TORONTO, Ont. — In some corners of North America, the idea of adding solar power to a truck or trailer is a no-brainer. You’d be forgiven for thinking that none of those corners are in Canada. That’s mostly true, but it doesn’t necessarily mean that solar has no place here. Just that you must be careful in assessing manufacturer claims about what their solar gizmo can actually do.
Almost all of Canada gets an average of 4.2 hours of solar sunlight a day. Two areas — a small stretch of the southern prairies and a little ribbon of central B.C. — crank that number up to 4.5 hours. Compare that to as many six hours in Arizona, New Mexico, and a patch of southeast California. Doesn’t sound like much of a difference, but it’s a big deal. A 300-watt solar setup that can help to run a tractor’s electric APU in that part of the U.S. would probably have to be a 600- or 800-watt setup for a rig running, say, a Toronto-Montreal-Halifax route.
It also means that manufacturer claims can be rather idealistic if calculations were based on experience in warm and sunny parts of our world. There’s no subterfuge involved here, but “your mileage may vary,” as they say.
The $40 million Volvo Trucks spent on its SuperTruck project was an investment in near- and distant-future truck technology that will begin paying dividends for the truck maker and its customers as early as 2017.
This is no ordinary test drive. This series of videos looks a truck developed by Cummins and Peterbilit that is more a showcase of emerging technologies.
How efficient can trucks really get? The answer may lie in the U.S. Department of Energy’s SuperTruck program.
NASHVILLE, TN — Engineers at Bridgestone are working to develop super-low-rolling-resistance tires for the next Cummins/Peterbilt SuperTruck project. The goal is a tire with a 30% reduction in RRC (Rolling Resistance Coefficient), which equates to a 6% improvement in fuel economy and still meets industry expectations for wear and retreadability.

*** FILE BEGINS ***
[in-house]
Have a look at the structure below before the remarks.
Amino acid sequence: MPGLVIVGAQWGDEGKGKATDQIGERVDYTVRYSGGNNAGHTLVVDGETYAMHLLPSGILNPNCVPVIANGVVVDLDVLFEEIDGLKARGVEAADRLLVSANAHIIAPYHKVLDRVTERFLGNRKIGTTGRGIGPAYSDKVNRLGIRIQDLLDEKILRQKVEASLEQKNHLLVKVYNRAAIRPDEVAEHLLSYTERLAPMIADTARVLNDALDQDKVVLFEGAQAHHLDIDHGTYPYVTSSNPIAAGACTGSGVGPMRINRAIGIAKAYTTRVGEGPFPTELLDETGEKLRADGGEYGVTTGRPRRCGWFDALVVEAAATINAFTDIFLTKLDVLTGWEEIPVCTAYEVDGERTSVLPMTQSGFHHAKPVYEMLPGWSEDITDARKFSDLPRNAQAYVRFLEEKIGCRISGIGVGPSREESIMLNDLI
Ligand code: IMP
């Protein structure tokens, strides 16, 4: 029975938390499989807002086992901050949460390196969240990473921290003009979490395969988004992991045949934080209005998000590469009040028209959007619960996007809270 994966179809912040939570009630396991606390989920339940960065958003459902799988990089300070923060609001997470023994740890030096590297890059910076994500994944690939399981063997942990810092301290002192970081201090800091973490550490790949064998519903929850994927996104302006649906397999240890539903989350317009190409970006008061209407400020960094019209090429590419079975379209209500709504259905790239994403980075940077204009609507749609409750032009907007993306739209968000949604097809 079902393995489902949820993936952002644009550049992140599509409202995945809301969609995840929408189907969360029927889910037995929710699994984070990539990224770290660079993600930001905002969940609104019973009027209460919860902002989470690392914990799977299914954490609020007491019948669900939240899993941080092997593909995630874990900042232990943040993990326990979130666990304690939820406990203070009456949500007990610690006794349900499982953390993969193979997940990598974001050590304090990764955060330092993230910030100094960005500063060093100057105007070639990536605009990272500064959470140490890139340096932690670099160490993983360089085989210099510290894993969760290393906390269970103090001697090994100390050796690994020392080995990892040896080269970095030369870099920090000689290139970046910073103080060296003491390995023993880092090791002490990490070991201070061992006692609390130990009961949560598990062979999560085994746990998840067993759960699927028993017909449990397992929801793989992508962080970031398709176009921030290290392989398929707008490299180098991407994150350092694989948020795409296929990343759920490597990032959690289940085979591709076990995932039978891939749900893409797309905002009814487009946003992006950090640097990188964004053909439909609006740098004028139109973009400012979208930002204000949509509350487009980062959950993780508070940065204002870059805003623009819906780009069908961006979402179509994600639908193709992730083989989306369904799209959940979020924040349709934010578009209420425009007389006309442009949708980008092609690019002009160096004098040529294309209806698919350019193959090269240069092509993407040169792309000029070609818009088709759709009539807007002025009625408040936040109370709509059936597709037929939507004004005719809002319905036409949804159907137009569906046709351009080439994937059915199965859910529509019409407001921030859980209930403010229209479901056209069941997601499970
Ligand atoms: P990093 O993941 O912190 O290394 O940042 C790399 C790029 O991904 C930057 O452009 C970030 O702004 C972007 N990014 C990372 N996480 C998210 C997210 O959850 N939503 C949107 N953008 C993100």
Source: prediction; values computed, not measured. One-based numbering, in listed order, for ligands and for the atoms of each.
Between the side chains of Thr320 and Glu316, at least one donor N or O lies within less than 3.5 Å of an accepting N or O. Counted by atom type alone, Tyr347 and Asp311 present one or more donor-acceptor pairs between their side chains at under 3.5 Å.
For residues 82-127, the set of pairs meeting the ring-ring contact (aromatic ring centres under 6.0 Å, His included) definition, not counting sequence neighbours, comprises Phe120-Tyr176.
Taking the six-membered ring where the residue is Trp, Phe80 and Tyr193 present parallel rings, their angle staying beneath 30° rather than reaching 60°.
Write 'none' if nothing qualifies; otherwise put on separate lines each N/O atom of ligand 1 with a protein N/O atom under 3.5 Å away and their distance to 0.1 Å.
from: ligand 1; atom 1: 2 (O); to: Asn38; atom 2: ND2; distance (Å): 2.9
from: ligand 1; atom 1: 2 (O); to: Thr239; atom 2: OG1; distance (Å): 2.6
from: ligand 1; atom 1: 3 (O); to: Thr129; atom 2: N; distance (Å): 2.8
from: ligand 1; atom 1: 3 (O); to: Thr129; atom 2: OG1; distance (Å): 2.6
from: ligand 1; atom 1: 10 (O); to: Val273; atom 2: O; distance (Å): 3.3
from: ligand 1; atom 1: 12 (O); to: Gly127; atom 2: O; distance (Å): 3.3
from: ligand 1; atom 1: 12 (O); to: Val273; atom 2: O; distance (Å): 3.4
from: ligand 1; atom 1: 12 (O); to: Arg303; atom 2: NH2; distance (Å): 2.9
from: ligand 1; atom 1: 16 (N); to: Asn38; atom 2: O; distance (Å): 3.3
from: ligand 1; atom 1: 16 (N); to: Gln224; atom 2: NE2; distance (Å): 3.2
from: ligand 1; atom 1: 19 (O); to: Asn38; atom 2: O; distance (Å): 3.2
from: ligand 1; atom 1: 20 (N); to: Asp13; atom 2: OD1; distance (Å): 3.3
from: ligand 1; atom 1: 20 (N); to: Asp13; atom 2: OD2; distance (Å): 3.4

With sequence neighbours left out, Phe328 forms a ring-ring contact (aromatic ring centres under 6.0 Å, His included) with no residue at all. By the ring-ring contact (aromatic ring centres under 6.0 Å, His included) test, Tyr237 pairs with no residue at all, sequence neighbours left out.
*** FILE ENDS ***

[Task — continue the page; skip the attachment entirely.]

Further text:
We have seen the future, and it is reflected in SuperTrucks that manufacturers have developed with funding support through the U.S. Department of Energy. Volvo, for example, managed to reach 12 miles per gallon. Many related features have already become a reality. And another US $137 million has been set aside to develop new technologies through SuperTruck II.
Navistar unveiled its Catalist SuperTruck on September 28, reporting a 104% improvement in freight efficiency compared to the DOE’s control vehicle, managing a commendable 13 mpg. The truck also demonstrated an impressive 50.5% brake thermal efficiency, and Navistar says it’s on the path towards 55% BTE.
WASHINGTON, DC – The U.S. Department of Energy is announcing up to $137 million in investments for two programs designed to develop next-generation fuel-efficiency technologies in commercial and passenger vehicles, including more funding for SuperTruck II.
The program is designed to advance environmental and innovative technologies for heavy- and medium-duty vehicles while accelerating technology advancement for passenger cars and lighter trucks.
Through another initiative, the Office of Energy Efficiency and Renewable Energy Vehicle Technologies Office Program Wide Funding Opportunity Announcement selections, 35 new projects will receive $57 million to develop and deploy an array of cutting-edge vehicle technologies. These technologies include advanced batteries and electrical drive systems to reduce carbon emissions and petroleum consumption in passenger cars and light trucks.